A major transformation in complex system-level design is under way, as ever-increasing numbers of electronic systems are being implemented as software. The critical progression for the delivery of a typical working system has moved away from finalizing the hardware (or chip) design to finishing the software development and then completing the system integration.
As the task of developing software increases in complexity and length, the system team faces two major challenges: Software development must begin earlier and can no longer wait for hardware development to be completed, and the cost of the traditional hardware-based approach to testing software is becoming both prohibitively expensive and unwieldy. Using full-system simulation to virtualize the product development process solves these problems.
To implement a virtual approach, a software model of the system, known as "a virtual platform," is built and run on an underlying simulation environment. The virtual platform must have both fidelity and performance. Fidelity means the software "cannot tell the difference," so unmodified binaries of the code run on the virtual platform. Performance must be high enough that software developers enthusiastically prefer to use the virtual platform to increase their productivity and loop quickly through the edit-compile-debug cycle (unlike co-verification environments).
To be effective, the virtual platform must simulate the system being designed and enough of the surrounding environment to model real-world use--in effect, a virtual test rack. For example, if a set-top box is being designed, it is not enough to model just the set-top box. You may have to model several set-top boxes, a central server delivering video-on-demand, and perhaps a PC to administer the system and a server to handle billing.
Past attempts at virtualization failed because performance fell short. Today, technical improvements in simulation techniques and the availability of inexpensive high-performance PCs make virtualization the approach of choice over hardware-based methods. For example, developers can simulate a 24-processor, 8-Gbyte, 64-bit enterprise server on a plain vanilla laptop. Virtualization is also increasingly scalable. It's now possible to simulate thousands of systems on a network of inexpensive workstations.
Virtualization has two major advantages. First, a virtual approach to system development is more cost-effective than real hardware, immediately reducing the amount of capital necessary to dedicate to software development and testing. This is especially true for organizations with vast product development teams, because the usual economics of software come into play. While the first instance may be expensive, duplicating software is inexpensive. Every engineer who needs access to the virtual platform can have it, unlike real hardware, which is always scarce.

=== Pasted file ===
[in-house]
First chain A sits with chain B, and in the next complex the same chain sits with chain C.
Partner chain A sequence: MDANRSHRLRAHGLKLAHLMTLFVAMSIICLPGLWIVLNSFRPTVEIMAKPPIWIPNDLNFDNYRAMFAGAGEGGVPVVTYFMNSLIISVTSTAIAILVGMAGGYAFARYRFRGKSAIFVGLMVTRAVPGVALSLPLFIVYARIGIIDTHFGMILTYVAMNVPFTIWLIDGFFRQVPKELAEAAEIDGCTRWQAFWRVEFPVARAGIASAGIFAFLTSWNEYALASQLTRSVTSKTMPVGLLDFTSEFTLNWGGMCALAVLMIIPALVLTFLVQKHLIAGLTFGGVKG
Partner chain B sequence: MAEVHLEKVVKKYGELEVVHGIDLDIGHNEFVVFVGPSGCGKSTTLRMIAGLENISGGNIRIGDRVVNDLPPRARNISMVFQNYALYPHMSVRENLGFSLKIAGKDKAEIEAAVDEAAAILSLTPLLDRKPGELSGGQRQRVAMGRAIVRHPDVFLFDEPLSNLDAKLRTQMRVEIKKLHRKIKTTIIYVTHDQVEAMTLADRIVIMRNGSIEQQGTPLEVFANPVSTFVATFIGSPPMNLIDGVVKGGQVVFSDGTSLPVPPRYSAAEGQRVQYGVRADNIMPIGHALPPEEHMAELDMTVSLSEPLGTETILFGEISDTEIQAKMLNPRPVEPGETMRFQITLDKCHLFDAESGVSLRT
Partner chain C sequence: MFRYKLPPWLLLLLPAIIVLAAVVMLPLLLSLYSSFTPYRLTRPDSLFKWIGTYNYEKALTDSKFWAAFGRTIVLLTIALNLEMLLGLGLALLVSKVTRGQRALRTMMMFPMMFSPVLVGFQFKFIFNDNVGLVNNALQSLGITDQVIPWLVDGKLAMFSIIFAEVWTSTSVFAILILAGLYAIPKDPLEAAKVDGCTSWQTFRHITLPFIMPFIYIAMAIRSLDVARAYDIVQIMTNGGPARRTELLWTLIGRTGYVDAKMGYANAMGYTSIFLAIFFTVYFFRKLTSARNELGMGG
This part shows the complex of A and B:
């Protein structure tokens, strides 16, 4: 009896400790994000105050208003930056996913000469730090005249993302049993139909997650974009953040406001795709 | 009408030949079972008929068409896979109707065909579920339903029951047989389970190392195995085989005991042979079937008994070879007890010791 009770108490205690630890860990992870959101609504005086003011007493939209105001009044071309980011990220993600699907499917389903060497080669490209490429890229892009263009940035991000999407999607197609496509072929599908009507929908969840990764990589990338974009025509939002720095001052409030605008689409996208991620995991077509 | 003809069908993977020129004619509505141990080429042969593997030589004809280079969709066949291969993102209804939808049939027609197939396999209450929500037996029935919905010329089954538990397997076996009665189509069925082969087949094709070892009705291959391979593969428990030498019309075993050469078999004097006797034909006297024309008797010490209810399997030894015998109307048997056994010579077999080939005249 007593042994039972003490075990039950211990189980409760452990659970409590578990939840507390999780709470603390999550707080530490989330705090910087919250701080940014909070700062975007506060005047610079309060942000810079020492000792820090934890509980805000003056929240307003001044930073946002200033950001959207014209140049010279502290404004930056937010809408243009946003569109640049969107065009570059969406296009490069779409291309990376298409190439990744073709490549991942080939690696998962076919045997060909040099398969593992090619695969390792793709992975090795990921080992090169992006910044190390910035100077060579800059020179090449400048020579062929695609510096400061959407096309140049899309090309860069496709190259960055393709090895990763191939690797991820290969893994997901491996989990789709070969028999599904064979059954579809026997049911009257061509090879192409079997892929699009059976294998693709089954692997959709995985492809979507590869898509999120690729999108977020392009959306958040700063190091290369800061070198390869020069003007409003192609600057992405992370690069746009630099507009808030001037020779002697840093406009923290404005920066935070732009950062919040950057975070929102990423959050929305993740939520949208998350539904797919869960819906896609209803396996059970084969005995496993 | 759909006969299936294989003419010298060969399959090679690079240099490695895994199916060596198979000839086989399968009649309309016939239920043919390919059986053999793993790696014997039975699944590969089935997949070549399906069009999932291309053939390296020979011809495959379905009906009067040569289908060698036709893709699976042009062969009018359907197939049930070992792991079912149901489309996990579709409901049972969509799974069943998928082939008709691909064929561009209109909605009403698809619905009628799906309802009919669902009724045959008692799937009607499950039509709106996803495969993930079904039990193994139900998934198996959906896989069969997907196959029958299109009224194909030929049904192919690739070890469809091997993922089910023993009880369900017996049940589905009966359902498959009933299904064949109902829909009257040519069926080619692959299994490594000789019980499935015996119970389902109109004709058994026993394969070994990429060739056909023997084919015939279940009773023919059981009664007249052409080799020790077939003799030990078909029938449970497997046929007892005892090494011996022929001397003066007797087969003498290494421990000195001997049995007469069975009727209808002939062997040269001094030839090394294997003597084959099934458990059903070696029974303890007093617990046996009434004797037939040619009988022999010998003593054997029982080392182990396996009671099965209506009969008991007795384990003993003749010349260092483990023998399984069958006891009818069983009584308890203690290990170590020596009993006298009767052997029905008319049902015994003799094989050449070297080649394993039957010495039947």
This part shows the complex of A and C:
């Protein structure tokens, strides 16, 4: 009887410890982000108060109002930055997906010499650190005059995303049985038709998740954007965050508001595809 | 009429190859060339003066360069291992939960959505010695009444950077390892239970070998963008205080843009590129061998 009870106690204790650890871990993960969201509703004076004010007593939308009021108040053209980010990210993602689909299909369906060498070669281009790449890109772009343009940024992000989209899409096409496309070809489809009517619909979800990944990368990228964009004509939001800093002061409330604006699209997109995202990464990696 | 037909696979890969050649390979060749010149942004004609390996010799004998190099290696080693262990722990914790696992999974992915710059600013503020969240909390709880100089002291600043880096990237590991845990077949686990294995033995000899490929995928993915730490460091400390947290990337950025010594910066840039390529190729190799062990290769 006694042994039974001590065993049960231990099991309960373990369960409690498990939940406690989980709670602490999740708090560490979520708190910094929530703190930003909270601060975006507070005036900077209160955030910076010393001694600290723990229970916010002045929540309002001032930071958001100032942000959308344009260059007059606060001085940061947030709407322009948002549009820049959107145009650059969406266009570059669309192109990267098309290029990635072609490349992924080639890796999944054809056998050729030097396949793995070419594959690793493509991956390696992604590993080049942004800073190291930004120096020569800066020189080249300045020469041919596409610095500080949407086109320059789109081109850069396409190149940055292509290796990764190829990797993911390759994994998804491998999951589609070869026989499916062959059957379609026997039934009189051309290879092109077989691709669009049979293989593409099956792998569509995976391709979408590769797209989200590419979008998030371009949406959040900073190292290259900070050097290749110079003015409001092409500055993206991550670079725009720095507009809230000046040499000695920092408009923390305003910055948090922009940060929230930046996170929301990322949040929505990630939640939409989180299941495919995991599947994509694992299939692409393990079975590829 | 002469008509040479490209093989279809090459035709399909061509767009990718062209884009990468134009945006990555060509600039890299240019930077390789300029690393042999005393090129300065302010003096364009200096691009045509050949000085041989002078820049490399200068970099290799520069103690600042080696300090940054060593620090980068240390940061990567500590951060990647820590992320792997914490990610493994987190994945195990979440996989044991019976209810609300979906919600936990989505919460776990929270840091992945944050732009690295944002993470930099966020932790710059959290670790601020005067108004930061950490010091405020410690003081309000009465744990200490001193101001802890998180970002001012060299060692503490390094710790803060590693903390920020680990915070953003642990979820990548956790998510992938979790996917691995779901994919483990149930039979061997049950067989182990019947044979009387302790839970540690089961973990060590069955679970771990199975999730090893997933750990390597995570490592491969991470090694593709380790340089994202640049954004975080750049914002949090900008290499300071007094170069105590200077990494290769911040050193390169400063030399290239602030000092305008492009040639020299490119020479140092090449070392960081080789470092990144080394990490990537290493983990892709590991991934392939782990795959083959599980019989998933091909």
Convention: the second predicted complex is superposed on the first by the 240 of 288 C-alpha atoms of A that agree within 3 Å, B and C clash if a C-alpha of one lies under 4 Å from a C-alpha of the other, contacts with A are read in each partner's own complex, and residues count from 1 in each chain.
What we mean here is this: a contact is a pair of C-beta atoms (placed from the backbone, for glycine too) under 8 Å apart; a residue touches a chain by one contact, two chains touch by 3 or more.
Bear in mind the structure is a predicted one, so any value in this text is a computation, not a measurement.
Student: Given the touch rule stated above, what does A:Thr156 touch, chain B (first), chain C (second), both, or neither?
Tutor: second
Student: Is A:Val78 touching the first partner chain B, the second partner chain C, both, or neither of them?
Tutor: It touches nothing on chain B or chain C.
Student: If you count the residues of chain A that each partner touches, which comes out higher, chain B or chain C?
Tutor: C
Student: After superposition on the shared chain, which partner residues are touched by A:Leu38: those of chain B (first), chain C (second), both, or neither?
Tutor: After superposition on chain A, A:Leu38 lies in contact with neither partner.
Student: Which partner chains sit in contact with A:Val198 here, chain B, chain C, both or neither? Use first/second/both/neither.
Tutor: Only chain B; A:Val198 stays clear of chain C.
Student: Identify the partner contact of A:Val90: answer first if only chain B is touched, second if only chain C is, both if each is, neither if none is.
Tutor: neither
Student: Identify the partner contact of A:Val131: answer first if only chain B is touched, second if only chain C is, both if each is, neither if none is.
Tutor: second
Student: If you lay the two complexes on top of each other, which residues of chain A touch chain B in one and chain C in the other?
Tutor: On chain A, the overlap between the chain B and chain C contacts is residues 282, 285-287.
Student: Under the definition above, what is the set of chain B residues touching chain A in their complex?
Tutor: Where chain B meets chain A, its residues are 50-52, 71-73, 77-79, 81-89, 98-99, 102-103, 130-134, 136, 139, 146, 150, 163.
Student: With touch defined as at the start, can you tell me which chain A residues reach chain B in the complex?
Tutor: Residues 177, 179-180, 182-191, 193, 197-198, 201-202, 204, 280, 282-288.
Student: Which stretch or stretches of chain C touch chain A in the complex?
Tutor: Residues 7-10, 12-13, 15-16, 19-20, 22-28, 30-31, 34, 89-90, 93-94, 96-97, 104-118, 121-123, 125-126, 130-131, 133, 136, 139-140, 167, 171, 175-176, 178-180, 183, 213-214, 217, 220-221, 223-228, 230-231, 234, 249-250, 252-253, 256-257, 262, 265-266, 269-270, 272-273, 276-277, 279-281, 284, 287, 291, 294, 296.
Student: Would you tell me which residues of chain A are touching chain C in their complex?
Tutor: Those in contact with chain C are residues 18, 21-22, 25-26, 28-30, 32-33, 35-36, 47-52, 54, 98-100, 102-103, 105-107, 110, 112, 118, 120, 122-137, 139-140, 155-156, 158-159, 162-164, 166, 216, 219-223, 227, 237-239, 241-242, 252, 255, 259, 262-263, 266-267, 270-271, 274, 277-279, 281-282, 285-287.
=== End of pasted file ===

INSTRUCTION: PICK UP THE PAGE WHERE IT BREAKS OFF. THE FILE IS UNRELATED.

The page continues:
Second, the virtual approach is simply more attractive than real hardware. In the real world, it is difficult to stop hard drives from spinning, or set a breakpoint on a control register access in the kernel, or confidently trace exactly which code affects a specific sensitive data structure. Good simulators can do all those things, and more--like stopping at an arbitrary point in the workload, saving the entire state to a set of files, and then firing off multiple clones with different fault scenarios injected.
Many problems in today's systems occur during interactions between different products or multiple instances of the same product. These areas are most difficult to test with real hardware, which is notorious for "heisenbugs" (problems that disappear when you try to take a closer look at them). By being fully deterministic, the virtual approach greatly simplifies the tracking of these bugs. You can go back in time until just before the bug occurs and investigate the internals at any level of detail necessary.
As inexpensive workstations become ever faster, and as simulation techniques continue to improve, the compelling advantages of a virtual approach to advanced system development and testing will only increase.